MSU Archival Tidbits: Labor, Fires, and Enrollment

I am still working on the sustainability project which seems to have generated endless research questions. As I try to reign it all in, I have been writing about a category that I have blandly termed “Student Life” in my draft. This is the catch-all portion for the interesting factoids I come across in the University Archives. Somehow I will assimilate this information into a working draft, but for now I will share what I have learned below:

In the early days of the college, all students attending the college were required to split their days between labor and academics (T. Gunson, 1940). Through manual labor in the gardens and farms, as well as clearing land for buildings and roads, the student body effectively constructed the foundations of the institution while receiving their education.

In 1871, student Henry Haigh reported a fee of $29.95 for boarding at Saint’s Rest. Haigh journaled about the atmosphere in the dining halls which were structured by assigned seating. He mentioned the presence of women in the halls, though the ratio of men to women was still quite unequal at this time.

Engineering Lab on Fire in 1916, via MSU Archives

During October 1871, the year of the Great Chicago Fire, there were numerous raging fires in the woods around the new campus and across Michigan. Students were dispatched to fight the blazes along with seminal faculty members, Dr. Miles and Dr. Kedzie. Many people lost their lives and homes, especially in the thumb region of the state, but the college was spared due to the management of the students and their vigilance against the fires. Drs. Miles and Kedzie would divide students into groups to battle the blazes through the night, a task compounded by the water shortage from an ongoing drought. Classes were largely cancelled for a week while students joined with neighboring farmers to keep watch over the advancement of the fires. Haigh noted that many students knew how to combat fires and dense smoke, having experience with managing agricultural lands on their family properties. (Sidenote: if anyone has any information about the fire outbreaks during this time period, please share! I am curious as to why there were so many fires in Michigan at this time, though I presume it is due to dry environment).

Faced with declining enrollment numbers, President Snyder (1896-1915) personally corresponded with potential students and advocated the incorporation of promotional literature and calendars into the college’s recruitment plans. As a result, student enrollment increased during his presidency (though the onset of World War I drew students to combat soon after he stepped down). President Snyder encouraged the training of women at the college through a series of short course programs. During his term, Snyder also helped initiate summer courses and railroad institutes. All of these programs lended the college credibility in the eyes of the state population, as MAC faculty members traveled to rural areas of Michigan to give lectures and perform demonstrations for farmers. In an effort to appear relevant and indispensible to the state, the college also enacted county extension programs.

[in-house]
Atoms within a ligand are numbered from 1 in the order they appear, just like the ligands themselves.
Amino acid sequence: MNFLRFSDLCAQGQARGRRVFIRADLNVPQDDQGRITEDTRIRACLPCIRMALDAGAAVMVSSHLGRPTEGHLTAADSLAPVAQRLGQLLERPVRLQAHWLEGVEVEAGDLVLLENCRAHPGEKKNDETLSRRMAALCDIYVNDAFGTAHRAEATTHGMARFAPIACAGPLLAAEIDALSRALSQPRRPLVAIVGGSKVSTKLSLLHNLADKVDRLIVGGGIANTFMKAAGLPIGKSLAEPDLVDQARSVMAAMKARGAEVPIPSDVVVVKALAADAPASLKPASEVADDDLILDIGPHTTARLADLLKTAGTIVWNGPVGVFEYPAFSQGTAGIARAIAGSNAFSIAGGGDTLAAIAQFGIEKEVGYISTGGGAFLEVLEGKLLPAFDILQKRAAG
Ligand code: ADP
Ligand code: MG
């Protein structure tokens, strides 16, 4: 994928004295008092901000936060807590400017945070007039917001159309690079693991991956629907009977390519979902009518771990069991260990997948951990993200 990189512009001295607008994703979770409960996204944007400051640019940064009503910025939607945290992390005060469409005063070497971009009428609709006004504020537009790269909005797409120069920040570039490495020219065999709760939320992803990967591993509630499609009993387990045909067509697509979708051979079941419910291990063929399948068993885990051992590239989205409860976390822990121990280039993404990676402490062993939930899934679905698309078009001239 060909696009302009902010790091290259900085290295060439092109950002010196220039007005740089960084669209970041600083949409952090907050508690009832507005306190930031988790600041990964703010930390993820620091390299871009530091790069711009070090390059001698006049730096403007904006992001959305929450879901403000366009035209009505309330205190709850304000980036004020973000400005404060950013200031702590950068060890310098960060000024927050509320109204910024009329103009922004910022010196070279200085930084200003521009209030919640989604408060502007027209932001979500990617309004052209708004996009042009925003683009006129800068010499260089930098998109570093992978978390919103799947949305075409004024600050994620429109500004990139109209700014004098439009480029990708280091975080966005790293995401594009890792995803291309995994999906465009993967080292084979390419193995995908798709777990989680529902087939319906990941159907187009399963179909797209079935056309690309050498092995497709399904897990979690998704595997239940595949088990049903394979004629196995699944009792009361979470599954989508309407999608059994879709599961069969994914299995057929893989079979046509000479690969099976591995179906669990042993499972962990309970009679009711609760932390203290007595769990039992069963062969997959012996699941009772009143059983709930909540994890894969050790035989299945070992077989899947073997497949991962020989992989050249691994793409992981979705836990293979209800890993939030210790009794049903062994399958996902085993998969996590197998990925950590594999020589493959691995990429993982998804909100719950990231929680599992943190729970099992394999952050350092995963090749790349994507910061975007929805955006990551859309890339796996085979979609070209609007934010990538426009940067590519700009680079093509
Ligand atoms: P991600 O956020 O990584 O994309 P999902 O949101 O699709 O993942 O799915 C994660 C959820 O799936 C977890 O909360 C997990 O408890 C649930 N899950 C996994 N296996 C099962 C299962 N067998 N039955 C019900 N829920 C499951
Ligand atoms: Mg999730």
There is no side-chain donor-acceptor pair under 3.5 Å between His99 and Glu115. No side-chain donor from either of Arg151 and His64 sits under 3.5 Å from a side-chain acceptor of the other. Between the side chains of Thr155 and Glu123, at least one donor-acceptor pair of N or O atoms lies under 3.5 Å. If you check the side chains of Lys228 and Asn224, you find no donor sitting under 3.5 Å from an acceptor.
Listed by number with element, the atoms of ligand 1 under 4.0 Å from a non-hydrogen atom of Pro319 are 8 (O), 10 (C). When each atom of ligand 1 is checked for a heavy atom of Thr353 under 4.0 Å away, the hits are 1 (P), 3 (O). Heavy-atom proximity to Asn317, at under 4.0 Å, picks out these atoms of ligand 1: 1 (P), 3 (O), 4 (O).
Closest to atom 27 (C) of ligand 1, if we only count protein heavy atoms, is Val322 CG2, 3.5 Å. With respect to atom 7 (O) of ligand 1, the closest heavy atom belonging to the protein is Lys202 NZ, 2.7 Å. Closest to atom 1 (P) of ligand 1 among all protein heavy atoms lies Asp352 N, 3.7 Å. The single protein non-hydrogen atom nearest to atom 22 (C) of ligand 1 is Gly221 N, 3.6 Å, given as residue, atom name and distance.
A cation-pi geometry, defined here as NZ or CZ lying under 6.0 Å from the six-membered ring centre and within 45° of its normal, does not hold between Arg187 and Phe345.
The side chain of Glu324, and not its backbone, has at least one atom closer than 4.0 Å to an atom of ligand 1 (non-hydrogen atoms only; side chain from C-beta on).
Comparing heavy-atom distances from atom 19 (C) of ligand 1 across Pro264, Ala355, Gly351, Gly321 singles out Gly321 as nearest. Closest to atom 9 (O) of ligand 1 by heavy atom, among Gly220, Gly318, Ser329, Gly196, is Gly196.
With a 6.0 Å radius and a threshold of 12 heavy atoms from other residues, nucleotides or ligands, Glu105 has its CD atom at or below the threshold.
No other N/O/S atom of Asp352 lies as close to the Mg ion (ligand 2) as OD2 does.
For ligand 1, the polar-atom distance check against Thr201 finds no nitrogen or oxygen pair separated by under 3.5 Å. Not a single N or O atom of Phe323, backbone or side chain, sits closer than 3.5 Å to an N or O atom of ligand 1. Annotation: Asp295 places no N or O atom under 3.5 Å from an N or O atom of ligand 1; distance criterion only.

Frank Kedzie, President of the college from 1916-1921 during the turbulent war years, resigned in the wake of weak post-war enrollment growth. A change in leadership was thought to be needed to reignite admissions, so leadership was passed to President Friday in 1921. Friday was an economist and agriculturalist hired to solve the issues stemming from the national war effort. State farmers were suffering during the post-WWI depression. During his administration, Friday endorsed more liberal education programs, allowing engineering students to pursue liberal arts courses in place of some more technical class requirements. President Friday spearheaded the effort to grant PhDs, with the first degree conferred in 1925.

Author: Amy Michael

2 thoughts on “MSU Archival Tidbits: Labor, Fires, and Enrollment”

  • Try Googling “Great Michigan Fire of 1871”.
    Chicago gets all the attention, Michigan and Wisconsin lost all the lives. Though harvesting the Michigan lumber to rebuilding Chicago created much of the wealth that financed much of the industrial growth in Michigan through the turn of the next century.

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